– Riker
    Commented Jun 4, 2016 at 14:12
  • \$\begingroup\$ @EᴀsᴛᴇʀʟʏIʀᴋ: descending: most frequent color at the top \$\endgroup\$ Commented Jun 4, 2016 at 14:17
  • \$\begingroup\$ Okay, I would say that needs to be a bit more clear. Maybe say something like the most frequent colors at the top? \$\endgroup\$
    – Riker
    Commented Jun 4, 2016 at 14:18
  • \$\begingroup\$ @EᴀsᴛᴇʀʟʏIʀᴋ: I agree, just updated the question for both \$\endgroup\$ Commented Jun 4, 2016 at 14:19
  • 1
    \$\begingroup\$ A couple of test cases would be good. \$\endgroup\$ Commented Jun 4, 2016 at 14:54

11 Answers 11


Bash + coreutils, 54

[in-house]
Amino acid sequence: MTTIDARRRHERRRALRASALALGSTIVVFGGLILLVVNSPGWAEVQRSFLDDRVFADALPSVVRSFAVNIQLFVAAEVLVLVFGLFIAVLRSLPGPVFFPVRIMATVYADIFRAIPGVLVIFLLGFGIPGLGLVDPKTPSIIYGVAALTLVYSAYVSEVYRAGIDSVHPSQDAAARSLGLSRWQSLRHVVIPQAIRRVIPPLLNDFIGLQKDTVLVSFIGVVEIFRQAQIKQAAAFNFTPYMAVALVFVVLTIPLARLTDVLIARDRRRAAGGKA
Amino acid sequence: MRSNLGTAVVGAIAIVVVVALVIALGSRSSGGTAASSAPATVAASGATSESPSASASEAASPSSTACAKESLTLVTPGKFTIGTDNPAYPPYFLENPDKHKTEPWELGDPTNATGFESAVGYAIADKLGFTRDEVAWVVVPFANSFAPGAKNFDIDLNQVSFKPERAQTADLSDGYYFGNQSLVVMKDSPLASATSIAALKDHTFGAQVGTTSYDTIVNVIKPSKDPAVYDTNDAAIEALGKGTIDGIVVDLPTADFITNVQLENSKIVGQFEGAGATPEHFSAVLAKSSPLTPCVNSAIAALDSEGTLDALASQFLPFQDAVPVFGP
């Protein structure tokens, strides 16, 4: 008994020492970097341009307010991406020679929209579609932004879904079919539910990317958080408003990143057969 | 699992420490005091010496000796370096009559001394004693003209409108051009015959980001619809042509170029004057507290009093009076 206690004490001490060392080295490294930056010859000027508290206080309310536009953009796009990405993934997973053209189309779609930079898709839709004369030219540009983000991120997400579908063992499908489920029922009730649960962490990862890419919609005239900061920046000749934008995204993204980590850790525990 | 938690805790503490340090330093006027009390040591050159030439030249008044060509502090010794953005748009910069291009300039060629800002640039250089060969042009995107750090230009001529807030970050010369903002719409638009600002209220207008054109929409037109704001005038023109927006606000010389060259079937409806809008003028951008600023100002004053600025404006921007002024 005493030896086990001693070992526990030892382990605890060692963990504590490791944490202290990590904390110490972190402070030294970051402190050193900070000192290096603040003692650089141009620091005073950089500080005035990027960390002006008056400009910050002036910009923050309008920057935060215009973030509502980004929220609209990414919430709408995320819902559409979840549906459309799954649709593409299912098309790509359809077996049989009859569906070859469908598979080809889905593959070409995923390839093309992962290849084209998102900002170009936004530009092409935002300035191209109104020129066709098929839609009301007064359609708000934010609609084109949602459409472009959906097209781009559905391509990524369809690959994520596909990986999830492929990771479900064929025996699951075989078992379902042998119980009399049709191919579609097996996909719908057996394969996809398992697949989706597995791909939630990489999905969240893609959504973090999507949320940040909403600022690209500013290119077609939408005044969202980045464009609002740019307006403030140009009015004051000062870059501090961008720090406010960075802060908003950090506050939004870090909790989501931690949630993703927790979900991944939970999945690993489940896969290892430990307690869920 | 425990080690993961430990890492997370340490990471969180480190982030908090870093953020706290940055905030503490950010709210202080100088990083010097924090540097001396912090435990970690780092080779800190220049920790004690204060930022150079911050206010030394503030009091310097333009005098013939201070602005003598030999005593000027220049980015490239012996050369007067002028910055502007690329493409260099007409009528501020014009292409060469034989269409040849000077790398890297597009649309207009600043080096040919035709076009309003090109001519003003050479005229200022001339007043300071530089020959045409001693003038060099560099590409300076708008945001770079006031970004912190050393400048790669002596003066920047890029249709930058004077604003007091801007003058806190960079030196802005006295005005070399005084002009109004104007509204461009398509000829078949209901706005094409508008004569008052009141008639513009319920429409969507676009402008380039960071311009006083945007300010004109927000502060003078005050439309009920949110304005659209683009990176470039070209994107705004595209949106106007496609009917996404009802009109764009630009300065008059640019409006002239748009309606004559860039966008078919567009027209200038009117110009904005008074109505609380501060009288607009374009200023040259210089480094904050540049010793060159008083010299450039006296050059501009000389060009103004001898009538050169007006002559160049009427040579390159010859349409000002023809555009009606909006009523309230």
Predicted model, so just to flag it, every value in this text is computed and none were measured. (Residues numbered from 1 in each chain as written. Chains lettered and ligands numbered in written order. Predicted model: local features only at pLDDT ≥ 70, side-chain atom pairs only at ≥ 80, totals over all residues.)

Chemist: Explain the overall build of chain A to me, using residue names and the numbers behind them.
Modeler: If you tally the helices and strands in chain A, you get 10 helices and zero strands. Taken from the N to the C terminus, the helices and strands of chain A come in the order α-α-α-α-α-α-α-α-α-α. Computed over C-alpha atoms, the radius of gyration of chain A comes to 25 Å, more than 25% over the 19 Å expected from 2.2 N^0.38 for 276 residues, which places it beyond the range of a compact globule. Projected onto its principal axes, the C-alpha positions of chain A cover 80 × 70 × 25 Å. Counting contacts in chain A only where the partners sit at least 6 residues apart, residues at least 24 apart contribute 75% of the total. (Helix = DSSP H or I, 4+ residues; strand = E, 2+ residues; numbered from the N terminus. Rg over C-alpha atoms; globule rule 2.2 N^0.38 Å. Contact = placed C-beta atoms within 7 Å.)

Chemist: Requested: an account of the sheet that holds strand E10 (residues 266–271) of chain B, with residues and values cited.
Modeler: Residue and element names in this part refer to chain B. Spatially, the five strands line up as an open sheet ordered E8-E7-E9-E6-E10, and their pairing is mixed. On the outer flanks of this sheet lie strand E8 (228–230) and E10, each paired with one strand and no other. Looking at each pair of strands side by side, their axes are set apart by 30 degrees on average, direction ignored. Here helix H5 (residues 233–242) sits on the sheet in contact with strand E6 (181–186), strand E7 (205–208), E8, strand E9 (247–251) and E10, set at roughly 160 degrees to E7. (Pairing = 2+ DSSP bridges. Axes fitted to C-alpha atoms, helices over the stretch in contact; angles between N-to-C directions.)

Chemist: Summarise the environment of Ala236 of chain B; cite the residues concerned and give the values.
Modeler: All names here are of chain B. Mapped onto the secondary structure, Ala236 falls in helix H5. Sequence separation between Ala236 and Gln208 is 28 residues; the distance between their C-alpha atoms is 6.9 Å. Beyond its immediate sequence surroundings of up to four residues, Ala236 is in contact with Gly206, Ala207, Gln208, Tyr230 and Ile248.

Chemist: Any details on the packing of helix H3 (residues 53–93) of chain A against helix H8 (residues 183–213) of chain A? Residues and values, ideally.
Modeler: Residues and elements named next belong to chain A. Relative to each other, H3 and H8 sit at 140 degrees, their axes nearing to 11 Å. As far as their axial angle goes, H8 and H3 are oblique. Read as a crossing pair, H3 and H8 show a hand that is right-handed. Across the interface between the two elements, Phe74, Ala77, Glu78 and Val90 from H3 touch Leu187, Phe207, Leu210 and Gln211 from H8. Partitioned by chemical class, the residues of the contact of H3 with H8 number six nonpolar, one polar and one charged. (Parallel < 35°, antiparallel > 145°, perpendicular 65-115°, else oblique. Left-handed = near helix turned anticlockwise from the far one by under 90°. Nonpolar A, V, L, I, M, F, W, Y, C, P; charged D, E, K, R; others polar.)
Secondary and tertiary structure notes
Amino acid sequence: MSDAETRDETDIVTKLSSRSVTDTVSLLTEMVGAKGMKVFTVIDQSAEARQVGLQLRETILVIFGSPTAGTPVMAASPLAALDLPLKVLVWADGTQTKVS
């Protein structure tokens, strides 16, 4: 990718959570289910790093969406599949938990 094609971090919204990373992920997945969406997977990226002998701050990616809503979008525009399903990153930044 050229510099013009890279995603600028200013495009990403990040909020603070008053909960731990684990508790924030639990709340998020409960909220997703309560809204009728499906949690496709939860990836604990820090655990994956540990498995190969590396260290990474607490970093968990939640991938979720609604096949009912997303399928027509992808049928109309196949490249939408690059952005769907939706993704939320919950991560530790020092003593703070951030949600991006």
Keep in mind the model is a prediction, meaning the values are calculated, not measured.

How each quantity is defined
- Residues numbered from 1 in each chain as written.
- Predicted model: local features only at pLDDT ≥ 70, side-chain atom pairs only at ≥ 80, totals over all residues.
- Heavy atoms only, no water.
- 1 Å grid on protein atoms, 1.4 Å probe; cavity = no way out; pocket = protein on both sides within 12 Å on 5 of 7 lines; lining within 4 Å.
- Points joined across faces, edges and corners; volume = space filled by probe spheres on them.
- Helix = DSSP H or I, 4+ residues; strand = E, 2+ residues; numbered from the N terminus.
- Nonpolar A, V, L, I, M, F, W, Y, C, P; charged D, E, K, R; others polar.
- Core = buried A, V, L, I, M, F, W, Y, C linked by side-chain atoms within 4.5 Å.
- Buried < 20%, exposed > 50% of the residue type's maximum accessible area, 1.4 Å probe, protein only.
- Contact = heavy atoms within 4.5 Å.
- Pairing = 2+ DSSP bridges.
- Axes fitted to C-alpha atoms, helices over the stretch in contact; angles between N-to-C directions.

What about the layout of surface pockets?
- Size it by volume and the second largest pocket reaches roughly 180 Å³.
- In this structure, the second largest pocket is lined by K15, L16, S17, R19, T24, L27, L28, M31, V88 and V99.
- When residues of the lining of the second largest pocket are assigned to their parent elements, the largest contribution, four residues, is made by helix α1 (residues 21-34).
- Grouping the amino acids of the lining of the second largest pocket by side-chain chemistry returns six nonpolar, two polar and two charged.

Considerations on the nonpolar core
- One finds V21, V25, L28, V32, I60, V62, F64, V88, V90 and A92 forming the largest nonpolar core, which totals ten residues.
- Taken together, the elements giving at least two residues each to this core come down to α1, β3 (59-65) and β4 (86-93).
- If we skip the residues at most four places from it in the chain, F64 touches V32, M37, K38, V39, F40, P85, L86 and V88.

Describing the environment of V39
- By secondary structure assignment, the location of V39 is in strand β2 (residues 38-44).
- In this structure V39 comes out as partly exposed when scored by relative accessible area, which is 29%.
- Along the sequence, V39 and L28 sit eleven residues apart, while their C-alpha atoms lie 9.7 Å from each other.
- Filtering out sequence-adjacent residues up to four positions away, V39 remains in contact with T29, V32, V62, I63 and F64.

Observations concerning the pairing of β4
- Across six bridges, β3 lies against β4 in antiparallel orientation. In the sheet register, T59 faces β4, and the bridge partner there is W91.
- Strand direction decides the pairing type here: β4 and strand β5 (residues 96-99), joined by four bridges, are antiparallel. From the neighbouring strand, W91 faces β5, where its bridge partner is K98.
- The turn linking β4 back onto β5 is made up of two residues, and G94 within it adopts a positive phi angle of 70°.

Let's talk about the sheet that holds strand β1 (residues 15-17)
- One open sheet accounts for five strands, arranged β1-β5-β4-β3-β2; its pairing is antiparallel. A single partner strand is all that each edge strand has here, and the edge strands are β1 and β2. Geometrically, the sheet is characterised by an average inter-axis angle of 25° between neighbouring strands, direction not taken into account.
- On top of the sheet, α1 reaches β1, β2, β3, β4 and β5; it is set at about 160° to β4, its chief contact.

• 7 bytes saved thanks to @manatwork
grep -oE '#\w+'|sort|uniq -c|sort -nr|awk '$0=$2" "$1'

This assumes STDIN input of Imagemagick's .txt format.


If the above input format is too much of a stretch, then we can add Imagemagick conversion from any format:

Bash + coreutils + Imagemagick, 71

convert $1 txt:-|grep -oE '#\w+'|sort|uniq -c|sort -nr|awk '$0=$2" "$1'

Here, the input image filename is passed in as a command-line parameter.

  • 2
    \$\begingroup\$ awk's default OFS is a space, you can trade ` " " ` for , \$\endgroup\$
    – n0741337
    Commented Jun 5, 2016 at 16:07
  • 1
    \$\begingroup\$ Or even shorter awk part: awk '$0=$2" "$1'. \$\endgroup\$
    – manatwork
    Commented Jun 6, 2016 at 16:13

Mathematica, 91 bytes


Uses a completely different method from @DavidC's answer. Unlike that one, this can support images with any size and color count. Explanation: